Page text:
Actuaries expect more U.S. corporations to move to hybrid retirement plans following the adoption of the final regulations established by the Pension Protection Act of 2006, said a survey from the ASPPA College of Pension Actuaries.
Respondents to the survey, which was conducted with 128 actuaries that work with more than 15,000 defined benefit and cash balance/hybrid plans, said actuaries expected 2,100 new plans would be added by the end of 2014. Actual data from the end of 2014 is not yet available.
Judy Miller, executive director of the ASPPA College of Pension Actuaries, said in a telephone interview there were 5,600 such hybrid plans at the end of 2013, the most recent data available.
Ms. Miller cited the final PPA regulations as a primary driver behind actuaries believing more hybrid plans will be established.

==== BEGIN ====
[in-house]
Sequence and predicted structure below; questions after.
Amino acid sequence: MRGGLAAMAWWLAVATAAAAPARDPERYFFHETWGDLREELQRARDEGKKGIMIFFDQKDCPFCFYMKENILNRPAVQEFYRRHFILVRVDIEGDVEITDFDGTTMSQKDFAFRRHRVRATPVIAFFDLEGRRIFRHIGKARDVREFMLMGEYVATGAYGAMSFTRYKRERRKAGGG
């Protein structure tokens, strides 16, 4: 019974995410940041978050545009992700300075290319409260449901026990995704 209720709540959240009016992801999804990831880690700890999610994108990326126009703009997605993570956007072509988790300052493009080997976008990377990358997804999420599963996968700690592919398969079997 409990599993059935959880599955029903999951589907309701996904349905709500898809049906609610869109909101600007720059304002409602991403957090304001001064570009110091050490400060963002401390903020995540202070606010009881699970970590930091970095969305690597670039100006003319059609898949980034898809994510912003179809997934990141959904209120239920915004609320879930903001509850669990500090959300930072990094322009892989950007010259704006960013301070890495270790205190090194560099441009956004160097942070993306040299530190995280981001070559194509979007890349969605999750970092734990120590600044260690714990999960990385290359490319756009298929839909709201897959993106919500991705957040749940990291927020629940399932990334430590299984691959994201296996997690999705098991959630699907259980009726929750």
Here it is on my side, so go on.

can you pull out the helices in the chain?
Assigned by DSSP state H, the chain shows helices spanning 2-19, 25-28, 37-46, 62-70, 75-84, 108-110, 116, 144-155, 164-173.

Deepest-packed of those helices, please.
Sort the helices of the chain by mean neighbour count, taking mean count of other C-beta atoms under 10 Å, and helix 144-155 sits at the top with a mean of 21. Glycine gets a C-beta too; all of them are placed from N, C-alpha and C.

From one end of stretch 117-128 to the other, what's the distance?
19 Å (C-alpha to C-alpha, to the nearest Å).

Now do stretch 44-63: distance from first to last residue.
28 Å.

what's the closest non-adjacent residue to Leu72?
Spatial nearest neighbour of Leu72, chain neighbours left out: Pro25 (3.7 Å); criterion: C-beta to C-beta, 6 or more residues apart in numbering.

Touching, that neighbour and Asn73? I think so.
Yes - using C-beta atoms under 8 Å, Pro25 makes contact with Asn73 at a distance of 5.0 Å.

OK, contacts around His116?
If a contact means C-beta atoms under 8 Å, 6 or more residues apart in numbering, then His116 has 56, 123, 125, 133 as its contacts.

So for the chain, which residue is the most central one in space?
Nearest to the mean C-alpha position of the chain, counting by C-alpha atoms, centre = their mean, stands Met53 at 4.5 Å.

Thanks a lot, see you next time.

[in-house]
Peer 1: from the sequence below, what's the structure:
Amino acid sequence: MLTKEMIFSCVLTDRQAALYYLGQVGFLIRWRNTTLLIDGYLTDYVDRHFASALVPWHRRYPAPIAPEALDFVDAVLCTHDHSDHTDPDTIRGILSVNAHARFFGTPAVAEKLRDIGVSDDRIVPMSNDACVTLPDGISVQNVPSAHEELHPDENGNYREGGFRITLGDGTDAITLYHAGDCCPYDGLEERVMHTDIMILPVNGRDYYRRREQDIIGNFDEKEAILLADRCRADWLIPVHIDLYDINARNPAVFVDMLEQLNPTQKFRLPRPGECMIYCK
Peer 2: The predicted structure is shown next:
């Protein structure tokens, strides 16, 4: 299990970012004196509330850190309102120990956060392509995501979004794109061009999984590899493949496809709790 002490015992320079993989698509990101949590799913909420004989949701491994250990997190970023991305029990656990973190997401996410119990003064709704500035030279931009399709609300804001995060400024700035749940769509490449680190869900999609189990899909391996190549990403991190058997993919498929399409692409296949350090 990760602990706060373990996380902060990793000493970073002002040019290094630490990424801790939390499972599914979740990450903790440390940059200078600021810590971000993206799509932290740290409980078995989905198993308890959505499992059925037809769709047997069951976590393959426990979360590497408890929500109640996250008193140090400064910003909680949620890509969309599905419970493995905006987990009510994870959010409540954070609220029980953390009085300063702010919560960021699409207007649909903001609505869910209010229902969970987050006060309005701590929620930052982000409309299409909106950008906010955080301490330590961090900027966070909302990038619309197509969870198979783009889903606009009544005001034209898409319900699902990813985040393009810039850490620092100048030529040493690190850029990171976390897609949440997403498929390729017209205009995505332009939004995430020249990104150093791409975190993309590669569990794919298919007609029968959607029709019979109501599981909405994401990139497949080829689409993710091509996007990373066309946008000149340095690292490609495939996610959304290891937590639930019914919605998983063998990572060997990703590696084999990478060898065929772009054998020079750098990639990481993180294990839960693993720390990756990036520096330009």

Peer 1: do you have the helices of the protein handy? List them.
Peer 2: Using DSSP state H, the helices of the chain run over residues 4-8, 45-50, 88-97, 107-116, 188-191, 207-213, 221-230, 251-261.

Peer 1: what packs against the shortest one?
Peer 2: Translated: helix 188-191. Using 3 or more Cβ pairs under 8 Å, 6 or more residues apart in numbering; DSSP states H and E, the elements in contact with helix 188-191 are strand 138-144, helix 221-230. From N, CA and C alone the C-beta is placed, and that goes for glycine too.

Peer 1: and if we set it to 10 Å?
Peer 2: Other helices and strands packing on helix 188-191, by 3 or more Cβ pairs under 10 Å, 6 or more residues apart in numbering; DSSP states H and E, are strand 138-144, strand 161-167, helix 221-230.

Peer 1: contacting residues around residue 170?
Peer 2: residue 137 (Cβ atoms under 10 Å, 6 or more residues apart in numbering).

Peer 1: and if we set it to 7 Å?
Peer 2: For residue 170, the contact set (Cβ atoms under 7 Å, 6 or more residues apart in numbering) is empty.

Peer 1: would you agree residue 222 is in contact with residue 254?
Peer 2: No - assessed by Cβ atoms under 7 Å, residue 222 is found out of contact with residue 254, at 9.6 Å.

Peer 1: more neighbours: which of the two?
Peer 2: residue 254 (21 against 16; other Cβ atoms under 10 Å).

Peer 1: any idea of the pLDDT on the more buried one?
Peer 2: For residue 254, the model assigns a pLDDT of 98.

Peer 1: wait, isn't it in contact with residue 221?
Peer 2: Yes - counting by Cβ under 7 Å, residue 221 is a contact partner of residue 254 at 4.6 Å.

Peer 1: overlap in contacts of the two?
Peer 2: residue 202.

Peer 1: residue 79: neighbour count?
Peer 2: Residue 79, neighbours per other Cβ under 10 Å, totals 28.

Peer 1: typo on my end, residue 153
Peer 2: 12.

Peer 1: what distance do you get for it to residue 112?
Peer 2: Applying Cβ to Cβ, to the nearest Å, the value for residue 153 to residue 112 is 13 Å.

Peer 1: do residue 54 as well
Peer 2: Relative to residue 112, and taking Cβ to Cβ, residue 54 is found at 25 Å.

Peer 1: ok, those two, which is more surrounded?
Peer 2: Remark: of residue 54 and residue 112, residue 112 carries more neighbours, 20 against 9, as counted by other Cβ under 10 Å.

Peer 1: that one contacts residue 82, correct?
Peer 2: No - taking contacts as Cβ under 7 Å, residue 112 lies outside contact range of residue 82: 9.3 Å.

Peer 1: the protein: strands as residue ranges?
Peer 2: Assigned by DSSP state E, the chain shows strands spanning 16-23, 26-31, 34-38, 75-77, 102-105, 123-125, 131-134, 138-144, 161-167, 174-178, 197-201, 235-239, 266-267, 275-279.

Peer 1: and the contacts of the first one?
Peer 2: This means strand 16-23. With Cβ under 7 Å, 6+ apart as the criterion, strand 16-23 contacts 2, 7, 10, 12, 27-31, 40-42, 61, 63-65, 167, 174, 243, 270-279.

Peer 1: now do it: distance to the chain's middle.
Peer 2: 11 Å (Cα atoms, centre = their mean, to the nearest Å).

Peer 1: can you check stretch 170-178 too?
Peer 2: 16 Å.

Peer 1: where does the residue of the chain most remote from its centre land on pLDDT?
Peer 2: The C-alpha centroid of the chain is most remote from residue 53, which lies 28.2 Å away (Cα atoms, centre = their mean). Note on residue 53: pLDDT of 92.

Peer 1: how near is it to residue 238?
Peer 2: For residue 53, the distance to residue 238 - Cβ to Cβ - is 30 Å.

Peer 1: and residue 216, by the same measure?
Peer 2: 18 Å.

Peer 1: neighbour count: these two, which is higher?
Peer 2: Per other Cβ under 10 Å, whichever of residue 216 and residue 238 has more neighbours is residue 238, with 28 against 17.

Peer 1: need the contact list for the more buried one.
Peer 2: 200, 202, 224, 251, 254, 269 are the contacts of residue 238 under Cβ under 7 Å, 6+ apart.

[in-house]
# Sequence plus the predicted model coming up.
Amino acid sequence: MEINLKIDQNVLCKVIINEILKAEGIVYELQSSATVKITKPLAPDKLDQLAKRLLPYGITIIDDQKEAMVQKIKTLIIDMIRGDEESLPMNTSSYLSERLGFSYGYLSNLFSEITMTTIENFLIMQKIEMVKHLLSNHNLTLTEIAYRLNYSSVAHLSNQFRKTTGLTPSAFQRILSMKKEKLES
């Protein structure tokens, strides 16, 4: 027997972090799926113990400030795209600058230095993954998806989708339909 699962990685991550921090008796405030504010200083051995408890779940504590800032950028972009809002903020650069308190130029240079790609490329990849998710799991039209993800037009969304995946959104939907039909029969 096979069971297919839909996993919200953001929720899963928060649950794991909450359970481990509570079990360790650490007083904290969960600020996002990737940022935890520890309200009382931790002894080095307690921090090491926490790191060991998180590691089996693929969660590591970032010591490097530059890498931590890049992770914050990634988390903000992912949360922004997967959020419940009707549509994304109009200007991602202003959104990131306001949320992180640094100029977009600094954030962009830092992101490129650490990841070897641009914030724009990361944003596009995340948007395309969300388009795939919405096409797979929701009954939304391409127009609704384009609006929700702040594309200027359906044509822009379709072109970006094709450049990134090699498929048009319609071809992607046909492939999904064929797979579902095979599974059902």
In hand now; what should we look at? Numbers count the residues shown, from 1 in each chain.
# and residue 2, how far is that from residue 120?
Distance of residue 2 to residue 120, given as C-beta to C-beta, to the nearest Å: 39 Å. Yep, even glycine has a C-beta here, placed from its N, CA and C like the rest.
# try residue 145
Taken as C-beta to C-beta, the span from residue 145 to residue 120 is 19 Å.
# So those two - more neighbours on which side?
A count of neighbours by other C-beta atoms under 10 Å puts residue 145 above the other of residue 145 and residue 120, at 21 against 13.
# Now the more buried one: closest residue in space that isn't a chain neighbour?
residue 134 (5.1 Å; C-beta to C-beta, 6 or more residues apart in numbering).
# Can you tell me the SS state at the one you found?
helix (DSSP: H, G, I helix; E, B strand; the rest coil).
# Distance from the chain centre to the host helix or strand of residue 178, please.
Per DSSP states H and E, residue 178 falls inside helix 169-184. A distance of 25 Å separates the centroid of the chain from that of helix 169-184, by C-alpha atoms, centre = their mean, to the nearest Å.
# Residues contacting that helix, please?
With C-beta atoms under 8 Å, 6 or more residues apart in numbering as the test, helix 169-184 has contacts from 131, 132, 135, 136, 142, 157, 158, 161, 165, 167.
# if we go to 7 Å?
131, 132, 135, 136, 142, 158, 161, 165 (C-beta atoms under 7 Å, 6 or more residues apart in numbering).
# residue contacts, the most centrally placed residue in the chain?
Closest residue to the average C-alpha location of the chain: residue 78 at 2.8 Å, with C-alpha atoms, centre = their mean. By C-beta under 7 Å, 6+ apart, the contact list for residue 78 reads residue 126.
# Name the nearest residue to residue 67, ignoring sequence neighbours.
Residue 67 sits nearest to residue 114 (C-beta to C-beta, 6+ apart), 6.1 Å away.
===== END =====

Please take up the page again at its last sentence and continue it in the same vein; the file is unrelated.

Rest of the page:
“I think it has helped having more of the final rules out,” Ms. Miller said. “A lot of this, it became ‘blessed’ so to speak when PPA was passed (in 2006), but it’s been a very slow process getting final regulations. But since regulations have come out and more people are comfortable with it, there really has been a big surge in activity.”
Ms. Miller said a step-up in activity could also be attributed to the IRS adding cash balance plans to their list of preapproved retirement plans.
“It makes it even more efficient for particularly small businesses — not necessarily tiny, but smaller — to not have to go to an independently designed program. The IRS is making it a little more efficient to go with one of these,” Ms. Miller said.
“I think for new plans to be going in, it’s generally going to be companies in some cases with only a handful of people, but more with a couple hundred (people),” Ms. Miller said, “so it’s in the smaller end of the marketplace.”